May 22, 2014

Blamelessness Is A Non-Negotiable, Part II: Just Out of Reach

If a Christian is to be beyond reproach or blameless then a Christian must be able to live in such a way that no one will be able to level valid accusations about their character and have it stick or be a true statement.

The Greek word for blameless or ἀνέγκλητος (anegkletos) in Titus and ἀνεπίλημπτον (anepilempton) in 1 Timothy 3:1 means more than just blameless. The word ἀνεπίλημπτον / anepilampton in particular is actually a compound word constructed of the word lambano which means “to take” and a prefix epi which means “upon”. Therefore the combination means to lay hands upon. When used in the context of blamelessness or beyond reproach it is saying my character needs be so far beyond someone else’s ability to criticize it that no one should even be able to touch it. This includes slighting me even indirectly with a criticism…or my walk might be compromised. There should be nothing there for someone to base an unfounded accusation upon. My character needs to be spotless and Teflon when it comes to negative critique. Why? Because if I am a Christian and someone can cast doubt upon my character….they are in essence casting doubt and reproach upon Jesus Himself. It is saying that the power of Christ is not powerful enough to change my character to become blameless. Therefore it is not worth aspiring or trying to gain the power of Christ.

So what does blamelessness look like when someone cannot take hold of you with demeaning characterizations? Paul actually gave Timothy and Titus a detailed list that outlined exactly what it means for a godly leader to be above reproach (therefore anyone that follows that person’s teaching also). Besides blameless they must be faithful to one wife, temperate, self-controlled, respectable, hospitable, able to teach, not given to drunkenness, not violent, gentle, not quarrelsome, not greedy. He must also manage his own family well and see that his children obey him, and he must do so in a manner worthy of full respect. Additionally he must not be a recent convert and he must also have a good reputation with outsiders. A list in Titus alludes to similar qualifications.

Above all what Paul is looking for is person with their heart towards God with a sum character that embodies the qualities of moral excellence. It is the kind of person that would that motivates other people to do the right thing in an attempt to emulate them…just like Jesus. That means that whatever is going on inside the psyches of these people is exactly represented by their outward behavior. That is because the external pressures really should have little effect on a Christian. This is because the one that is above reproach or blameless is tightly tied to God and this requires a relationship with God that is of the highest integrity as their behaviors should be an outflowing of the God who is within.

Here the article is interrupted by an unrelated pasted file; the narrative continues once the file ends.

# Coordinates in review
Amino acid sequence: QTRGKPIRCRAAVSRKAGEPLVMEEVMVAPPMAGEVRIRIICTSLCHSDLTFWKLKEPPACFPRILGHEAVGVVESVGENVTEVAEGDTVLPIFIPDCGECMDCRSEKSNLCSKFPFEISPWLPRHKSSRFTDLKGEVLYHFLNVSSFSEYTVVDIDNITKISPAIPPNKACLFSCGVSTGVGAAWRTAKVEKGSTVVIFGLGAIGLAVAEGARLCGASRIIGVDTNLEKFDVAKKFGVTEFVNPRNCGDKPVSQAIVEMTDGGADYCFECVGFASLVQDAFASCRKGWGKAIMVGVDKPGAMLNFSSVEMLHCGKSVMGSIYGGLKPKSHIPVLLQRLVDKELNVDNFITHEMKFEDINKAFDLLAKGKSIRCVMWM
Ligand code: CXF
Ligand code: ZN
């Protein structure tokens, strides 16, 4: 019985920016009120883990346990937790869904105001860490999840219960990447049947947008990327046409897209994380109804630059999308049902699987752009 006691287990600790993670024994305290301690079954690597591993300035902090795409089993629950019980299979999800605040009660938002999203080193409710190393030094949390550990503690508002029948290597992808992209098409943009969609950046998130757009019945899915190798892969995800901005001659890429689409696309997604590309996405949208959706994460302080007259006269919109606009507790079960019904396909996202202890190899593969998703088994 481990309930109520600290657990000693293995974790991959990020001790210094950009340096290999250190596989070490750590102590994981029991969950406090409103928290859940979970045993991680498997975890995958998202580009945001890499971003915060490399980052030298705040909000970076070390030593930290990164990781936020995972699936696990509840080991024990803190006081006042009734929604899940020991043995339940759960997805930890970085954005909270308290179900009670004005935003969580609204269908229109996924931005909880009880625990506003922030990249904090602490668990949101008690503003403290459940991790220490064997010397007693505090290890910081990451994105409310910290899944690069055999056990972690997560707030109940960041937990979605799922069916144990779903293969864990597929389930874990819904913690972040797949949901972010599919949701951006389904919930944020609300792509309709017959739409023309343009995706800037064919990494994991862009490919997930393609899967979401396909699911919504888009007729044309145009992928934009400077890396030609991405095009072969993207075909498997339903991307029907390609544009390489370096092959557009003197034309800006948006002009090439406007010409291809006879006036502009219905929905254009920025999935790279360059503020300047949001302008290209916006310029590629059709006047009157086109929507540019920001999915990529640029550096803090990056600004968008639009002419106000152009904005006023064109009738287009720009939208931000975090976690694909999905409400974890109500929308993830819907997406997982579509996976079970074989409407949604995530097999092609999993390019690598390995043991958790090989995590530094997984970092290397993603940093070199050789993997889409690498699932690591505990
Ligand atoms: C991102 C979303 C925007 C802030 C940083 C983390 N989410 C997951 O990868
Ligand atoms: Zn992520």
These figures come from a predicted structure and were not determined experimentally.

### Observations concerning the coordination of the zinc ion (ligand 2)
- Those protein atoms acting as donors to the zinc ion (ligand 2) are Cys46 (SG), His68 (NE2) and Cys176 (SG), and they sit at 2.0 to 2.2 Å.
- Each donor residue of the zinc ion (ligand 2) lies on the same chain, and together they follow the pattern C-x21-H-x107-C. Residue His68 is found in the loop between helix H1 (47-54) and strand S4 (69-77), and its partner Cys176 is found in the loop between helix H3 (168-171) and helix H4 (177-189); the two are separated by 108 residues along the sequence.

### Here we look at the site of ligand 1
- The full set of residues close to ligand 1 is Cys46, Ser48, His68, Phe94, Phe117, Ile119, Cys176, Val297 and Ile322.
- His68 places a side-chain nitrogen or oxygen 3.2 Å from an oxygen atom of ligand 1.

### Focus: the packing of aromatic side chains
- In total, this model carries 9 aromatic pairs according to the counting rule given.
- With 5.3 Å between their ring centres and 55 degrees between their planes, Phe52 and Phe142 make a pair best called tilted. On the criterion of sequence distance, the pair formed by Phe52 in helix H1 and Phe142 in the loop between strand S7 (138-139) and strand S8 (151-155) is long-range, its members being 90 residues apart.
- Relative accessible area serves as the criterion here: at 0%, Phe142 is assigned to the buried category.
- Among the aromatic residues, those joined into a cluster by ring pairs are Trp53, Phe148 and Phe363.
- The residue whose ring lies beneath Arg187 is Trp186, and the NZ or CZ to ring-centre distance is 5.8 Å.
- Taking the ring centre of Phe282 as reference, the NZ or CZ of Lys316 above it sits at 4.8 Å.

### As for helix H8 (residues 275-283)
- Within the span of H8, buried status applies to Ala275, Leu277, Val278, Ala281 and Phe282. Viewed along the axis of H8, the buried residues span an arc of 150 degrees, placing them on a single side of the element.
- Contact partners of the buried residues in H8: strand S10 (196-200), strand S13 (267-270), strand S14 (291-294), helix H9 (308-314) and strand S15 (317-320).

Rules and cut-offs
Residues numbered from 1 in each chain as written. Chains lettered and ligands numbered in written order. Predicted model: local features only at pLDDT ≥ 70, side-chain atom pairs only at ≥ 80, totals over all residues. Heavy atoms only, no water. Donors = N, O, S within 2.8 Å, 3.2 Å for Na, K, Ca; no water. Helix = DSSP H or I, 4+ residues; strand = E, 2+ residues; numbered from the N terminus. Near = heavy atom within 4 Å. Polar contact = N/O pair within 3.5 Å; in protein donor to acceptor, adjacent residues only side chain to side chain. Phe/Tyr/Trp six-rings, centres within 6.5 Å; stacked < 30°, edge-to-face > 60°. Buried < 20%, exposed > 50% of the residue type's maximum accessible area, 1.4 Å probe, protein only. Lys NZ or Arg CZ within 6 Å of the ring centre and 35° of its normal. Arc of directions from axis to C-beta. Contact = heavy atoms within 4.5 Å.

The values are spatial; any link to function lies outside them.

As God is morally and ethically correct attributes and He is indwelling the believer we should also see signs of other things not even mentioned directly in Scripture but are covered by the description of blameless.  There should be accountability for actions. There should be loyalty like we see in the military since all Christians are at war every single day with the powers of this world and Satan. We should at least be responding to temptation with an attitude of incorruptibility. We should be honest, trustworthy and always doing the right thing (in accordance with Scripture) no matter what. In a word, these could all fit under the mantle of integrity.

We will not just wake up one day blameless and bursting with integrity. As I learned from my father’s behavior over his lifetime, both are cultivated in the fields and events of our lives. They are cultivated by a tight bond between God and ourselves. This requires constant prayer and study of God’s word. Integrity and blamelessness is grown like fruits on a tree or like vegatables in the ground. Day by day, choice after choice we move forward until our emotional and spiritual bank account is full. It is at this juncture that we see the fruit of consistent morally upright behavior. None of this would even be possible if it wasn’t for the work of Christ on the Cross. It is all through grace and God working with us and through us.

Blamelessness should not be confused as a spiritual gift either. It comes at our own personal cost. It demands discipline and sacrifice. Our salvation may be free if we repent having been paid for by Christ but our sanctification and discipleship are the demands for where we are going when it comes to being beyond reproach. This is a discipline lived day in and day out. It isn’t as if we can slack off either. One failure taints a thousand successes. We are not afforded the luxury of failure when people are watching. So we need to live like we are being watched 24/7. The truth is, we are. God sees every move we make. This should be a sobering thought for all that wish to lead or teach even one person.

To be able to teach godly character we must live a life of godly character. This requires honest and harsh self-examination. That examination needs to be matched against God and the Bible. Expect to fall short but never stop striving. We need to never forget that we are the tools God gave us for the job. We are our own blackboard or our own guinea pig.  We are the test case. We are the carrot in front of the horse (or rabbit if you will). If it doesn’t show in us, how are we to expect it to show in others? If we are our own toolbox it warrants that we keep our saws sharpened and our axes ground. No one wishes to go to task with dull tools. We need to stay sharp and ready for use.

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